Business books are almost never riveting reads. They are usually a slog through uninteresting case studies, mind-bogglingly bad visual aids and a few points of brilliance you probably could have looked up yourself on Wikiquote. Sprinkle in some buzzwords. Let simmer.

Drive: The Surprising Truth About What Motivates Us is an exception. I powered through it in 2 days and it never felt like a chore. This is despite having a title that sounds like a Buzzfeed title generator run amok. Don't get me wrong- it is still a business book and it is still intended to make you better at middle management or founding a startup or whatever. But it is more than that, besides.

Drive is, unsurprisingly, a book about human motivation. It is Dan Pink's contention that we (and by extension, the organizations we belong to and interact with) are stuck in an outdated mode of thinking about motivation- a mode of thinking that relies on carrots-and-sticks, rewards and punishments. A system Dan Pink calls Motivation 2.0, a system based on all the sort of things that would make B.F. Skinner squeal with delight. And Dan Pink doesn't agree with this system. Unlike many business books, he doesn't disagree and call it a day.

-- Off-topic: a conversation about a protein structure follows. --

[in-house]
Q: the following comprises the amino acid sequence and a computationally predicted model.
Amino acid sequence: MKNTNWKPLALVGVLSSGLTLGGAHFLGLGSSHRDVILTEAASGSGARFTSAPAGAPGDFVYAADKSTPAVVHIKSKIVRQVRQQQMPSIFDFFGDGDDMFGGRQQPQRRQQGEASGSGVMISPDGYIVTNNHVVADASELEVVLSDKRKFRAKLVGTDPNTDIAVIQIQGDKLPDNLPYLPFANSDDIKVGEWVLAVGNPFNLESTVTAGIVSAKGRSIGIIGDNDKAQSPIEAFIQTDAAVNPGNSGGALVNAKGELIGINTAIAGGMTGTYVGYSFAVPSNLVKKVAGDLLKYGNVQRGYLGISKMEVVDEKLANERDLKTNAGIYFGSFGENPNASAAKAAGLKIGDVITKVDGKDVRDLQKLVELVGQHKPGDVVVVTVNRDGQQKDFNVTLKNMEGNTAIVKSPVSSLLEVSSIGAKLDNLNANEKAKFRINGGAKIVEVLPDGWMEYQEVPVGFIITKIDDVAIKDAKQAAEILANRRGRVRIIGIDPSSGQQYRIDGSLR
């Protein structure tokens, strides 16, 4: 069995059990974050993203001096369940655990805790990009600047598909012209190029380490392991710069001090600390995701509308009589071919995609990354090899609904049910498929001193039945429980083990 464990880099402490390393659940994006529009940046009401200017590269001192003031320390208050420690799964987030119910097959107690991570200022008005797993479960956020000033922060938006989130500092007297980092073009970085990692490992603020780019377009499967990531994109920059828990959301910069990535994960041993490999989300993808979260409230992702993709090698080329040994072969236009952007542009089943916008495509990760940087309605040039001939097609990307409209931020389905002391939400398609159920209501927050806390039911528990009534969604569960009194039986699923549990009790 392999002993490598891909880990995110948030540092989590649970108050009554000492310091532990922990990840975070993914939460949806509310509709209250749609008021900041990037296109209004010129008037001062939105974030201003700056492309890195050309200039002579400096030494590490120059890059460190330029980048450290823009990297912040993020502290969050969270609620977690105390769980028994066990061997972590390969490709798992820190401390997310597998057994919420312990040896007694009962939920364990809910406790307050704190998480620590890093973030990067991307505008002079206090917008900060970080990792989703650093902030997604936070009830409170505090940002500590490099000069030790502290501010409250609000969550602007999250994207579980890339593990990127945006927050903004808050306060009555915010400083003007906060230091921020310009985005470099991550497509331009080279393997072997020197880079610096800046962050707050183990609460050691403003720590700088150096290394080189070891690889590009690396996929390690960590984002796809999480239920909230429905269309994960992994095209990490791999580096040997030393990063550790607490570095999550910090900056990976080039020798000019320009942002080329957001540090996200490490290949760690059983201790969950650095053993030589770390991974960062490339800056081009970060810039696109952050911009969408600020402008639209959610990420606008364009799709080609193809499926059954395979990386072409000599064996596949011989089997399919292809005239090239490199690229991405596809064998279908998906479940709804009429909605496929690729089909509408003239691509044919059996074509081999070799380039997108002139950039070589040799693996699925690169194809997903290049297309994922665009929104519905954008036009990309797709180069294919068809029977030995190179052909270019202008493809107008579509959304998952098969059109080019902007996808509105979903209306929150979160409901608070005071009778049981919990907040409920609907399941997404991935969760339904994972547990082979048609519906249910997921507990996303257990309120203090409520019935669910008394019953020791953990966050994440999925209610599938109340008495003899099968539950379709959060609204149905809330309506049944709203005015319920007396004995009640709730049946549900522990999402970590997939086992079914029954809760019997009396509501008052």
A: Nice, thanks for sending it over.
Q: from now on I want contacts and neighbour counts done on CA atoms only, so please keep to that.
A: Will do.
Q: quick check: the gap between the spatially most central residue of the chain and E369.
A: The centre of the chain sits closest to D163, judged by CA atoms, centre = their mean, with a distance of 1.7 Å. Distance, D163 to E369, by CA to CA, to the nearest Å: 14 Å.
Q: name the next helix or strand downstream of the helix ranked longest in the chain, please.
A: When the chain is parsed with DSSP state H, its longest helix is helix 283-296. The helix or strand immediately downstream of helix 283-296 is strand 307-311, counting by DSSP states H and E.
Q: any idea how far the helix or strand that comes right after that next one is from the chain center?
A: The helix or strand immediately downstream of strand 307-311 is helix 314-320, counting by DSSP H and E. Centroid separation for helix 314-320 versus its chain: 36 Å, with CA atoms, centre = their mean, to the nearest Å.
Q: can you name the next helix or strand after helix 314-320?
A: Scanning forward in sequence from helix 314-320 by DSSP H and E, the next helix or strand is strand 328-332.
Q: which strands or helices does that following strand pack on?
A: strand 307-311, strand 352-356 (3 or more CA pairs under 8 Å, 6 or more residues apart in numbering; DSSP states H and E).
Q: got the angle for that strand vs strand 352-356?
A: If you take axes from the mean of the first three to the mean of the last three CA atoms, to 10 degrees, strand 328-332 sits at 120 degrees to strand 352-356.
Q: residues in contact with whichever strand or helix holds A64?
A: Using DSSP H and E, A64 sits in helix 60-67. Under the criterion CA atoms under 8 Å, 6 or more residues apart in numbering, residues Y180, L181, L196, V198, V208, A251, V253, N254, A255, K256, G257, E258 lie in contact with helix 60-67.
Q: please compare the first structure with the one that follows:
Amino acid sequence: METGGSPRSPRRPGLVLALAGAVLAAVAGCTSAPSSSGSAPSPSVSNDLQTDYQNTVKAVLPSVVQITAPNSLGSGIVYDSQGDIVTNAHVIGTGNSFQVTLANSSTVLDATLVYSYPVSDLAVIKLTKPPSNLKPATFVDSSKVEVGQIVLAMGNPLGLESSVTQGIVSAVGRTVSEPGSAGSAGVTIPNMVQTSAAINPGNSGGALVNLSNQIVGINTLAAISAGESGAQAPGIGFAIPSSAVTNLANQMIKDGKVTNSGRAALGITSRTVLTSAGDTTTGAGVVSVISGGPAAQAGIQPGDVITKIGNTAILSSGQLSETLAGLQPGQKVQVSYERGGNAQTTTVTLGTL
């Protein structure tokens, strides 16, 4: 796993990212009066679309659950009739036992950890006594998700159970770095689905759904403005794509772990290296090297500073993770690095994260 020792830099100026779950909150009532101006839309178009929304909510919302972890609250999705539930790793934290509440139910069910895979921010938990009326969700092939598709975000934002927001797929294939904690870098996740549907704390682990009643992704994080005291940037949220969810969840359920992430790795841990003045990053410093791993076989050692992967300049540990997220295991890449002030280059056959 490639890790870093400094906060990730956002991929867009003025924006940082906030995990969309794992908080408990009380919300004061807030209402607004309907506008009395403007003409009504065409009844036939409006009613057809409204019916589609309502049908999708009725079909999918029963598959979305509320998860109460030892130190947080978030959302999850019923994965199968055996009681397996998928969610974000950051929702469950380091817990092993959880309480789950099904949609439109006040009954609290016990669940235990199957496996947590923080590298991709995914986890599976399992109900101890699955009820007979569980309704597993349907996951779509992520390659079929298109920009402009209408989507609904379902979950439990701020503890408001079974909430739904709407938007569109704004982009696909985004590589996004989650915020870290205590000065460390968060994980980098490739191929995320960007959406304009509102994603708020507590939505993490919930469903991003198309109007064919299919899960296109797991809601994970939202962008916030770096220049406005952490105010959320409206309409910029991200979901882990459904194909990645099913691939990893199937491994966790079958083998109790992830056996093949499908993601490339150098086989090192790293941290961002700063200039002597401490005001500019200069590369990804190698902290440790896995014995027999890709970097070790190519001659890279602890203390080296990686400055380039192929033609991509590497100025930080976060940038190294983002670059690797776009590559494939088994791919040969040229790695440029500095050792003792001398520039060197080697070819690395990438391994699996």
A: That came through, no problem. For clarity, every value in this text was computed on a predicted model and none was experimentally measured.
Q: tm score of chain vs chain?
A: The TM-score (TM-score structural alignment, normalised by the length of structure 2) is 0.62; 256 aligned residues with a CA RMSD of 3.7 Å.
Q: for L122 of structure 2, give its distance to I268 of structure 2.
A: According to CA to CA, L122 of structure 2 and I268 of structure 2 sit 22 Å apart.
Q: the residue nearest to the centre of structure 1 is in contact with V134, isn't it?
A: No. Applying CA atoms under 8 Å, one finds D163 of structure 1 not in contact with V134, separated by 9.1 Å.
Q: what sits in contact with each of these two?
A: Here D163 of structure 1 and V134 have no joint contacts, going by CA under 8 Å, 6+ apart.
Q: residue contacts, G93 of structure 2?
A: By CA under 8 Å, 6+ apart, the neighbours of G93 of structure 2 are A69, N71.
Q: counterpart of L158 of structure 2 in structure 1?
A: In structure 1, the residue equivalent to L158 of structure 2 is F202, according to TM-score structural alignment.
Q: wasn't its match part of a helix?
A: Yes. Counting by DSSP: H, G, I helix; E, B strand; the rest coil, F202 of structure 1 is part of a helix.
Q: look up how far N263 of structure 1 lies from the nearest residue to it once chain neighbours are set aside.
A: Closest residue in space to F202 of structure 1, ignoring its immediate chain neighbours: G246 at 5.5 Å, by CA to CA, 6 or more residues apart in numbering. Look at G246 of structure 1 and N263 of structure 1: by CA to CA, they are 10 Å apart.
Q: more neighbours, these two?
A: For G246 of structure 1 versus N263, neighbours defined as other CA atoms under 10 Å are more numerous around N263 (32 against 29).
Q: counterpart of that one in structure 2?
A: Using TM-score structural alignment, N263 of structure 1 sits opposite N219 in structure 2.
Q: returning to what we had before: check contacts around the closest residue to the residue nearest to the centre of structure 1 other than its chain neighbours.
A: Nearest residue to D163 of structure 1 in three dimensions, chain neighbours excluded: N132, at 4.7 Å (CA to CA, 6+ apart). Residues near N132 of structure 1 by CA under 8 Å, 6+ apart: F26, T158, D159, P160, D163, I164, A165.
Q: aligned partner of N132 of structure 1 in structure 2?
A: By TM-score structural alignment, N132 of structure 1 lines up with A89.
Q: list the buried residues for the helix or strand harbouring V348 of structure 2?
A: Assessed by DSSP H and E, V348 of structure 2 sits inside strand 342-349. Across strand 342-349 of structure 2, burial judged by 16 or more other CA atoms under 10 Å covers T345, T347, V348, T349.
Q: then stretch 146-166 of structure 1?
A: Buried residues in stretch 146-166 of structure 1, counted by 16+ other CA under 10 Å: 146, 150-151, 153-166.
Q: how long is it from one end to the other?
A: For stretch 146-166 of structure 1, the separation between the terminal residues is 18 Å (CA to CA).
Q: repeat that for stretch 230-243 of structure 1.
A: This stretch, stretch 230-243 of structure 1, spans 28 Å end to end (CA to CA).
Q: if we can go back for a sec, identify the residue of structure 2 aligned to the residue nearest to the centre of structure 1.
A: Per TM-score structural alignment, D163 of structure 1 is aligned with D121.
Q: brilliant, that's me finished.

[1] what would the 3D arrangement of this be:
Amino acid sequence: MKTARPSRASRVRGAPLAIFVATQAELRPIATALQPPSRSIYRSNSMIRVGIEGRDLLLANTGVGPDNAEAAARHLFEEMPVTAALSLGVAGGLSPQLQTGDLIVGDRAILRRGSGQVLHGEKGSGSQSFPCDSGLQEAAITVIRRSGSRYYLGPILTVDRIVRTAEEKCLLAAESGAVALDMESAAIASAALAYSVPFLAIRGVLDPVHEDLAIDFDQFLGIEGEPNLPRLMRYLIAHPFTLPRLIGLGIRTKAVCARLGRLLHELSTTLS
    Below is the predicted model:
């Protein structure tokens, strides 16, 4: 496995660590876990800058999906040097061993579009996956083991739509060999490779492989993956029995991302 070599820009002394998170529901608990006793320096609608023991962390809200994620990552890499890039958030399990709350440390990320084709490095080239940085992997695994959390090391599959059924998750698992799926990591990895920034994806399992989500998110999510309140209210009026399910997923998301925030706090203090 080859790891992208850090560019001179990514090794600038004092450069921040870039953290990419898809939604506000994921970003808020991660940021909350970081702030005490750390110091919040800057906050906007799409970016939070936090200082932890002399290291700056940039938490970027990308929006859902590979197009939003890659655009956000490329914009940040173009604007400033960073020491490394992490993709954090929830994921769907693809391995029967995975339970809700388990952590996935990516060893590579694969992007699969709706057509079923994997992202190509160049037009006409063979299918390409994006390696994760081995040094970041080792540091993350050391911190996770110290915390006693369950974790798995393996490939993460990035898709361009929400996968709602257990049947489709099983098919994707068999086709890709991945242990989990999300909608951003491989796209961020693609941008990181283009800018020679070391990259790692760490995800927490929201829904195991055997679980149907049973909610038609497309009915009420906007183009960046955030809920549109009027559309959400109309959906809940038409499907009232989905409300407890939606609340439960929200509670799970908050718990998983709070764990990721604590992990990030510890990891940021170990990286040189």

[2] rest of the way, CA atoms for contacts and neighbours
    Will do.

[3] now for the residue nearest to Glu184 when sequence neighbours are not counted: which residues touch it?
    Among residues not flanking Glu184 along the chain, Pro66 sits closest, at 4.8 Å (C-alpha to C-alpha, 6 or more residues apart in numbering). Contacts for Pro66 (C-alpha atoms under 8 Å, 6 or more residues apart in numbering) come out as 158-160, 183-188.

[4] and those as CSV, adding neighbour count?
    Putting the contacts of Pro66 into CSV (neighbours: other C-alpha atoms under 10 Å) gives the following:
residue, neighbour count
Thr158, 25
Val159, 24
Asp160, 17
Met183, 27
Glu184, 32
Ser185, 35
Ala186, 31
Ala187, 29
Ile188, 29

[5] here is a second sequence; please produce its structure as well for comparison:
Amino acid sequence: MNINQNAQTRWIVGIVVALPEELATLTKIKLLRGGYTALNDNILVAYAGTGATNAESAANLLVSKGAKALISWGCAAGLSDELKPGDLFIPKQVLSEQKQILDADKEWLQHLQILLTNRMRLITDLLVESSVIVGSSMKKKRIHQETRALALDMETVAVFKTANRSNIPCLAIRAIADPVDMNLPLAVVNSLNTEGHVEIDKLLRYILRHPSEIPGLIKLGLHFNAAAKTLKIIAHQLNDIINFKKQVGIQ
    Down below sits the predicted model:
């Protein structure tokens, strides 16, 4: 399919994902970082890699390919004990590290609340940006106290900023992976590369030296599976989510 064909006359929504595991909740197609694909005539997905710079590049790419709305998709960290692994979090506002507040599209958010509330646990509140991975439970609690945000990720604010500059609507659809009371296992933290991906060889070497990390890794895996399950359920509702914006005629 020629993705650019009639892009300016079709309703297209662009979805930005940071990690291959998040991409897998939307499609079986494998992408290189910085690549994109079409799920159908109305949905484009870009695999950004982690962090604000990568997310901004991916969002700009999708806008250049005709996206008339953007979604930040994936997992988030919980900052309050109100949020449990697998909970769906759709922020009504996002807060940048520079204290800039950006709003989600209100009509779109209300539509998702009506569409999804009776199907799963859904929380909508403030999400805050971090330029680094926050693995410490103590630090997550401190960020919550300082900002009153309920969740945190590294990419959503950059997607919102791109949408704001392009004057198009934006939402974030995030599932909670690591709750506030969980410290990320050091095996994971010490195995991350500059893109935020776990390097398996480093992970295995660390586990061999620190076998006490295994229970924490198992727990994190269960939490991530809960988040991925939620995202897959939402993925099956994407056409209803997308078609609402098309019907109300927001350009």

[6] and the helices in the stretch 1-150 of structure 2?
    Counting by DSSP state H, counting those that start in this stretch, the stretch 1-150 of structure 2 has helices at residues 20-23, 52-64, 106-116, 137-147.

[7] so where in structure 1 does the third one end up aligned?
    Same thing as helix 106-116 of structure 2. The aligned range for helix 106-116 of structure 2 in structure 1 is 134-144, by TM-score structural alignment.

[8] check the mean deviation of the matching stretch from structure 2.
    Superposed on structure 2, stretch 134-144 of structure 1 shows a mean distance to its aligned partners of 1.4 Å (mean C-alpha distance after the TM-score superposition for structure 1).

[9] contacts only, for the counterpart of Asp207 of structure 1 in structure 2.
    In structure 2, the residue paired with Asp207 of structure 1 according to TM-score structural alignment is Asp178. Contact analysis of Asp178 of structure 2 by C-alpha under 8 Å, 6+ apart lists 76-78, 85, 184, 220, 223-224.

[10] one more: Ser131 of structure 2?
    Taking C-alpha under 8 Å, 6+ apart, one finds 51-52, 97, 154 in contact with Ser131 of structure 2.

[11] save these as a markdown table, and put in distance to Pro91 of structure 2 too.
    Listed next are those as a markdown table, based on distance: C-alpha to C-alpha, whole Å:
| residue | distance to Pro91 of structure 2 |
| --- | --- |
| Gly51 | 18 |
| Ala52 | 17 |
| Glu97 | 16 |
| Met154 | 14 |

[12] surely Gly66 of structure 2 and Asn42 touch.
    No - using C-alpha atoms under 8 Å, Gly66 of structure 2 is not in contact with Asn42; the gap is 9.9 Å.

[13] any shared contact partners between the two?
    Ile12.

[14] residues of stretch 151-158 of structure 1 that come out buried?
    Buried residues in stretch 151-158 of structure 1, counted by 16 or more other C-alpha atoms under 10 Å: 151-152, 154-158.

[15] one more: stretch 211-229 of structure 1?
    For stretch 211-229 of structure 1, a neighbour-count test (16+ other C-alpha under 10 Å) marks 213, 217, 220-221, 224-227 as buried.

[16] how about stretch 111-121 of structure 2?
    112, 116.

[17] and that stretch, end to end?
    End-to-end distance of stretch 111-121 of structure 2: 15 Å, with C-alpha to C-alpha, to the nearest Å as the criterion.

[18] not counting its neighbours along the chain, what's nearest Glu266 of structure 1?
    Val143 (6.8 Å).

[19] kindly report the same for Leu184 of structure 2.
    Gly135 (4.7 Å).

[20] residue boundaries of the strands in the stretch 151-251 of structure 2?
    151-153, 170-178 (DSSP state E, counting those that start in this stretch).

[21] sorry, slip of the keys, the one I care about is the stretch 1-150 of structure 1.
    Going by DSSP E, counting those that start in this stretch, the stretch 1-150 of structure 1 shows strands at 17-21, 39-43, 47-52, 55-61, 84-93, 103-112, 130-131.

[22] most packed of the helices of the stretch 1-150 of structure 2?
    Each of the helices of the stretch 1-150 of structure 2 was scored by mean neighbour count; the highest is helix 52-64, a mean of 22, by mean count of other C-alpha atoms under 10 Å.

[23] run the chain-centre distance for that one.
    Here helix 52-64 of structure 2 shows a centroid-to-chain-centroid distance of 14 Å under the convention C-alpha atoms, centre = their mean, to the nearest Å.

He begins the book with a study from the 1940s on problem solving in lower primates. Researcher Harry Harlow gathered together lab monkeys and presented them with a somewhat complicated lock and pin puzzle. The intention was to see if a system of rewards could entice them into learning how to operate and solve the puzzle. But it turned out the system of rewards was unnecessary- the monkeys threw themselves into the task of figuring out the puzzle before they were given any rewards. This made no sense in the behavioral theories of the day. Motivation in those days was viewed as a product of baser survival instinct (the first 'drive') and a hedonistic pursuit of pleasure and aversion to punishment and pain (the second 'drive'). The behavior of the lab monkeys required a third 'drive'- purely intrinsic and divorced from external rewards and punishments. It is from this third 'drive' that the book takes its name.